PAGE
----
David Swanson, UC Riverside Edward A. Dickson emeritus professor of sociology, along with two colleagues, was recognized during this year’s Southern Demographic Association conference in Knoxville, Tennessee.
“This is a tremendous honor. The award is the only recognition available in the field of state and local demography,” said Swanson, who retired from UCR in 2018 after an 11-year career with the Department of Sociology. “It has been given by the Southern Demographic Association since 1997 and potentially can be given annually. However, if the committee judging the entries for a given year determines that none of them is sufficient, no award is given. I, along with co-authors, have won this award three times, in 1999, 2012, and now, in 2022.”
Demography is the study of statistics such as census and survey data, fertility, migration, and mortality.
While Swanson’s work covers most areas of demography, he concentrates on state and local demography. His research specializes in the construction of small area population estimates and forecasts by developing and revising methods and generating actual estimates and forecasts of populations.
Swanson and his colleagues presented the award-winning paper, “Boosted Regression Trees for Small Area Population Forecasting,” at the conference. This was a follow-up to a previously published paper, “The Accuracy of Hamilton-Perry Population Projections for Census Tracts in the United States,” by Swanson and his colleagues.
The first paper examines the ability to utilize a population forecasting method for small areas and use it for much larger areas, such as the entire country. Assembling and manipulating large data files is a challenge but Swanson and his colleagues proved it was possible to use forecasting methods for small areas for the first time.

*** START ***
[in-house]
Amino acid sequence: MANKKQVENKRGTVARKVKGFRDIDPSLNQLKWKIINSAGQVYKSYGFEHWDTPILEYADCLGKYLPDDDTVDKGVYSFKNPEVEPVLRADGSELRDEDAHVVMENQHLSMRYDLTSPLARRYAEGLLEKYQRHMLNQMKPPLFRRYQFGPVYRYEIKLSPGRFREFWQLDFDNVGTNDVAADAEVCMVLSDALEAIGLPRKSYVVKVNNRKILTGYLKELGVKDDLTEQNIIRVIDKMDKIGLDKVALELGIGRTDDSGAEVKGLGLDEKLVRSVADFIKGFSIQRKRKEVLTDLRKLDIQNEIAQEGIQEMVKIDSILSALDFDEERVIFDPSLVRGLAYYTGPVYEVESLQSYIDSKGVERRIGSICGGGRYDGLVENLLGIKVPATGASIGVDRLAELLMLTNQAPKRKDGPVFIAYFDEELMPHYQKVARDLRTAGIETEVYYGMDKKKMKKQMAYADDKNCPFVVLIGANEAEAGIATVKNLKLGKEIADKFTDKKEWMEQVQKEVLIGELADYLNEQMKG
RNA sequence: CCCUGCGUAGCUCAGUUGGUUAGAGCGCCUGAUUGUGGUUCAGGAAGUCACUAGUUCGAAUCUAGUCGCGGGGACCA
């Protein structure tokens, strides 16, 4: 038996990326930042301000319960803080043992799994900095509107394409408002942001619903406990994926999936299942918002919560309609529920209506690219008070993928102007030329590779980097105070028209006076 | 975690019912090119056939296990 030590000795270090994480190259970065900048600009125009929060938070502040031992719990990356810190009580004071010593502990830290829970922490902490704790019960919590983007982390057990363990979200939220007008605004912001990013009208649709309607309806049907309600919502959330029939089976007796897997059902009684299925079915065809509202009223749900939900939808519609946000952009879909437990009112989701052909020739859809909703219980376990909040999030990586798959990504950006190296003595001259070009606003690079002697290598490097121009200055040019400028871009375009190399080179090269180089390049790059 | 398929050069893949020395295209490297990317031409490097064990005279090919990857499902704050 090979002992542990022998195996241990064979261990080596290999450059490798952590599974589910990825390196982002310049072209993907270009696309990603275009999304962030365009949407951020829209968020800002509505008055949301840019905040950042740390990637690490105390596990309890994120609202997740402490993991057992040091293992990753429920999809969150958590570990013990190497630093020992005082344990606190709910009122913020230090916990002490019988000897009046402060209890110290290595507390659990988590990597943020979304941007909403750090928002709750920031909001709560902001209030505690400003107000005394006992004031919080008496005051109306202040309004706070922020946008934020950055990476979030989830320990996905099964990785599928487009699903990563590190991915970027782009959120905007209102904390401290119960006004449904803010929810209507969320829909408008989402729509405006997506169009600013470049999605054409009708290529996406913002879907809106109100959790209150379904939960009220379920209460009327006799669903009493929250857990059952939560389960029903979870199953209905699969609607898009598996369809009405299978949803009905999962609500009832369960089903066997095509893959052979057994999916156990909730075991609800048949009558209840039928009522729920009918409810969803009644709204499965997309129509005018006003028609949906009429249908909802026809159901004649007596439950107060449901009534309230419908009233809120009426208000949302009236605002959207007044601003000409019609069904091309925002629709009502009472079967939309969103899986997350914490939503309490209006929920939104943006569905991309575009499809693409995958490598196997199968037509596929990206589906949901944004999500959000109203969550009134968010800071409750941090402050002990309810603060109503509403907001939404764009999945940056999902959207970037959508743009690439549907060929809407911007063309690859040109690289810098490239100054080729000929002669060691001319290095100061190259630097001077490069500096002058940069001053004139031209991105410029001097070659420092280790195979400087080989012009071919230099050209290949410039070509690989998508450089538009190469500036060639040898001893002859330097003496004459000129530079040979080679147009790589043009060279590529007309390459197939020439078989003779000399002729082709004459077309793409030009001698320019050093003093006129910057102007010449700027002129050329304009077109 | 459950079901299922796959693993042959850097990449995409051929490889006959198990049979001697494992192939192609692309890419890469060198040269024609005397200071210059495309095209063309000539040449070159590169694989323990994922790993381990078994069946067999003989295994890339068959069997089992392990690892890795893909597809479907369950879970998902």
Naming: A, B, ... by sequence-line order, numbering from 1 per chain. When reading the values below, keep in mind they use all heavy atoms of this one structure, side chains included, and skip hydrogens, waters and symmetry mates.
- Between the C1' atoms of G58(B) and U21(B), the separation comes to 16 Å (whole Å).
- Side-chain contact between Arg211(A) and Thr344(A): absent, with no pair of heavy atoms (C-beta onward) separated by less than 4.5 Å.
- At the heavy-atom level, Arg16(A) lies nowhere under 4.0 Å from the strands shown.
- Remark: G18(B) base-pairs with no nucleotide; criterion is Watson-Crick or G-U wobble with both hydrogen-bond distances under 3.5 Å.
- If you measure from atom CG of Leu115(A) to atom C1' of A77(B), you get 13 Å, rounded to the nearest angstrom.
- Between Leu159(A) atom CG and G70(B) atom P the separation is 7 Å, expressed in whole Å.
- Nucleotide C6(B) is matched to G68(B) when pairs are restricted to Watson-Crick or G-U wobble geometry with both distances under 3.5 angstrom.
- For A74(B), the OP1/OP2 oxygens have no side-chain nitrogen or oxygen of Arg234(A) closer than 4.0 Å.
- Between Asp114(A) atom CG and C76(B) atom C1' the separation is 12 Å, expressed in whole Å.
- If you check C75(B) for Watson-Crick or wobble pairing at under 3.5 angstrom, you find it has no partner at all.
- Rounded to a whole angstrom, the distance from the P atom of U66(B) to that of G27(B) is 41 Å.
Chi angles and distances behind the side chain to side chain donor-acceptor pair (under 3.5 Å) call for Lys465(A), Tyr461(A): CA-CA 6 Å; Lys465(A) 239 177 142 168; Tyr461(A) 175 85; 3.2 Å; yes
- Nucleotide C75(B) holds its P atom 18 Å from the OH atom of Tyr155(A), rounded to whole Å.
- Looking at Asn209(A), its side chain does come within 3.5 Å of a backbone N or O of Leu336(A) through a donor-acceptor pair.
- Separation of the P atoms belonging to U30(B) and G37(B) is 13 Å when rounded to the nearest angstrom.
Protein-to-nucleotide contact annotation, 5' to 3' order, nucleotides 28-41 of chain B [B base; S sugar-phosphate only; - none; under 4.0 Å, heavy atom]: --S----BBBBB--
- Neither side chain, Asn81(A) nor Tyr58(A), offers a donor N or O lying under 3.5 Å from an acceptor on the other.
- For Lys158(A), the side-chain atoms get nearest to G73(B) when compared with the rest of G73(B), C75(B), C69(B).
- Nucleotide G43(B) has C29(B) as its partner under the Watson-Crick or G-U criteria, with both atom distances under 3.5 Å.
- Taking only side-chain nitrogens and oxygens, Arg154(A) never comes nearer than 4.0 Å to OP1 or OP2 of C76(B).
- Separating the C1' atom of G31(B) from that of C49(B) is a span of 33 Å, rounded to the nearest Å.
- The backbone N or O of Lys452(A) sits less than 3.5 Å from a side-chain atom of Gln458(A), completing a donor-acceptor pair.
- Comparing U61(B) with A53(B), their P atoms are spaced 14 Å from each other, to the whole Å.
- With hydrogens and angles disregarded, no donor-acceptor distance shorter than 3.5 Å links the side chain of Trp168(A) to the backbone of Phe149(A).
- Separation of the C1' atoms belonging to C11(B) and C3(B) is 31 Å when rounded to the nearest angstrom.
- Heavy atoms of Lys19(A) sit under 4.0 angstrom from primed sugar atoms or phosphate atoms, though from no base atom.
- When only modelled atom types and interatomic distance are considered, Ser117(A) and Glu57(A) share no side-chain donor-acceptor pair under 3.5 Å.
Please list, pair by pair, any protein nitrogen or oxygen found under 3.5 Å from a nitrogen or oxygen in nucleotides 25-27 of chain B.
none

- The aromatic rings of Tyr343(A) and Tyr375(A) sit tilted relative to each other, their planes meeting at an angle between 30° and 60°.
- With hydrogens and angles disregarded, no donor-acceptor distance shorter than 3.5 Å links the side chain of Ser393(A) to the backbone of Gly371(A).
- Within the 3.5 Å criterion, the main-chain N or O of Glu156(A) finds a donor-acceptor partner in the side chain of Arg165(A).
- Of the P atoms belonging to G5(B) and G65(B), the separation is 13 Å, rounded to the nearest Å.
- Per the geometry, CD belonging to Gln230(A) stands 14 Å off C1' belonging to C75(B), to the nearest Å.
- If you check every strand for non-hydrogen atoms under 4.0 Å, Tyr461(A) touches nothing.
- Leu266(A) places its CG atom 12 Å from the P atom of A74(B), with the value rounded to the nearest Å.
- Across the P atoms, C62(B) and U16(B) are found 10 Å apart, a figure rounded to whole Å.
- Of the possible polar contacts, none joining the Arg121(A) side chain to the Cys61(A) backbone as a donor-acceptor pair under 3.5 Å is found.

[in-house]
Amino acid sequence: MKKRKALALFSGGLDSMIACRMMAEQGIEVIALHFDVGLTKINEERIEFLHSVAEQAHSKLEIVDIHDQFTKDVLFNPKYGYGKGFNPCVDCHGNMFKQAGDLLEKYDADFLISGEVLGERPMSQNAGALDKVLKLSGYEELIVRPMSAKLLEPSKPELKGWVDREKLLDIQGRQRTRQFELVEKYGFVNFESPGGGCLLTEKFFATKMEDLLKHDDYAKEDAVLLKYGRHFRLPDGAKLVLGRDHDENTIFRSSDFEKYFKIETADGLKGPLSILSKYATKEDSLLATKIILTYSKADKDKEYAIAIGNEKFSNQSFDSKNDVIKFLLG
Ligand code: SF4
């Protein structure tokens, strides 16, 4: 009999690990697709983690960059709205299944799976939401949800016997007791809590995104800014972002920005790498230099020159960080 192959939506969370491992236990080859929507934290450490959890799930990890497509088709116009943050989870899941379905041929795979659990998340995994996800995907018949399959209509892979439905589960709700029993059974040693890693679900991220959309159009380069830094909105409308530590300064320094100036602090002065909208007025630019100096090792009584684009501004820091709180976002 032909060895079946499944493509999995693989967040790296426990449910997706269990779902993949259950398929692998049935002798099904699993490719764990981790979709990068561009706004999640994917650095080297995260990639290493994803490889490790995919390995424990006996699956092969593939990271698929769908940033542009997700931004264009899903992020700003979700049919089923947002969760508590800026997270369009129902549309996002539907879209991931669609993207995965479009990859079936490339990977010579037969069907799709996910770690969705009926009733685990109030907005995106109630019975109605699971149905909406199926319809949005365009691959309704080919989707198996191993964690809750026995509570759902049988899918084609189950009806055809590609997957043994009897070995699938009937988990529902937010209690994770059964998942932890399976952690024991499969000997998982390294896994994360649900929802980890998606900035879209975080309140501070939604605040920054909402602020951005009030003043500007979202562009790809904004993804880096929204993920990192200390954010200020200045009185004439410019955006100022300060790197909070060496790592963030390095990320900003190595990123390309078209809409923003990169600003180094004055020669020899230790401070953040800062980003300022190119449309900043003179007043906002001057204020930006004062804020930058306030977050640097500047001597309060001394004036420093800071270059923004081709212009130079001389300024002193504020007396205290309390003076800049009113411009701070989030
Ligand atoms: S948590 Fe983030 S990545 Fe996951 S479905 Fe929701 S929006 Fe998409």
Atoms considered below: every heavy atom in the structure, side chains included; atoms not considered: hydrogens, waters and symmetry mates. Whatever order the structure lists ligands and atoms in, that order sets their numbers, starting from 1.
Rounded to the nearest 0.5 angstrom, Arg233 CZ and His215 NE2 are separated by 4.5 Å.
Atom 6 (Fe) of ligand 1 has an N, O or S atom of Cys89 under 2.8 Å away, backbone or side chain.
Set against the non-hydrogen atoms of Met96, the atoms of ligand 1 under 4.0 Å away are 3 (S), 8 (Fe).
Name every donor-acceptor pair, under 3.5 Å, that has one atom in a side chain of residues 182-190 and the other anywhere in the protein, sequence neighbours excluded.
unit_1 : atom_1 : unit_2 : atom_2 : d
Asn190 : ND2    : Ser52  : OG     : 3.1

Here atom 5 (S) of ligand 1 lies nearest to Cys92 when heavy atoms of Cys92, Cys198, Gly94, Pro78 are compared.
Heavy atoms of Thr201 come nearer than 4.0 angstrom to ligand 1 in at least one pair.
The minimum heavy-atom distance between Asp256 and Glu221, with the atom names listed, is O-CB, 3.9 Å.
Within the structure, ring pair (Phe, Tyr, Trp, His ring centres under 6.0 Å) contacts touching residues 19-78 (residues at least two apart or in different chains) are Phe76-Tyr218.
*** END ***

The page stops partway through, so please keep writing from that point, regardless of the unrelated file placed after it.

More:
The second paper allowed Swanson and his colleagues to improve the accuracy of the forecasts through machine learning, also known as “boosted regression trees.” These “trees” combine two algorithms to predict trends more veraciously.
The use of Swanson’s technique could apply to any discipline where demography is used, including public policy, transportation, health, legislative redistricting, and water allotments.
The Terrie award started in 1997 in honor of Walt Terrie, a Southern Demographic Association member and demographer at Florida State University.
The association decided to bestow this honor at their annual conference to the best paper presented on an applied topic, especially one relating to state and local demography. The award comes with a $400 cash prize.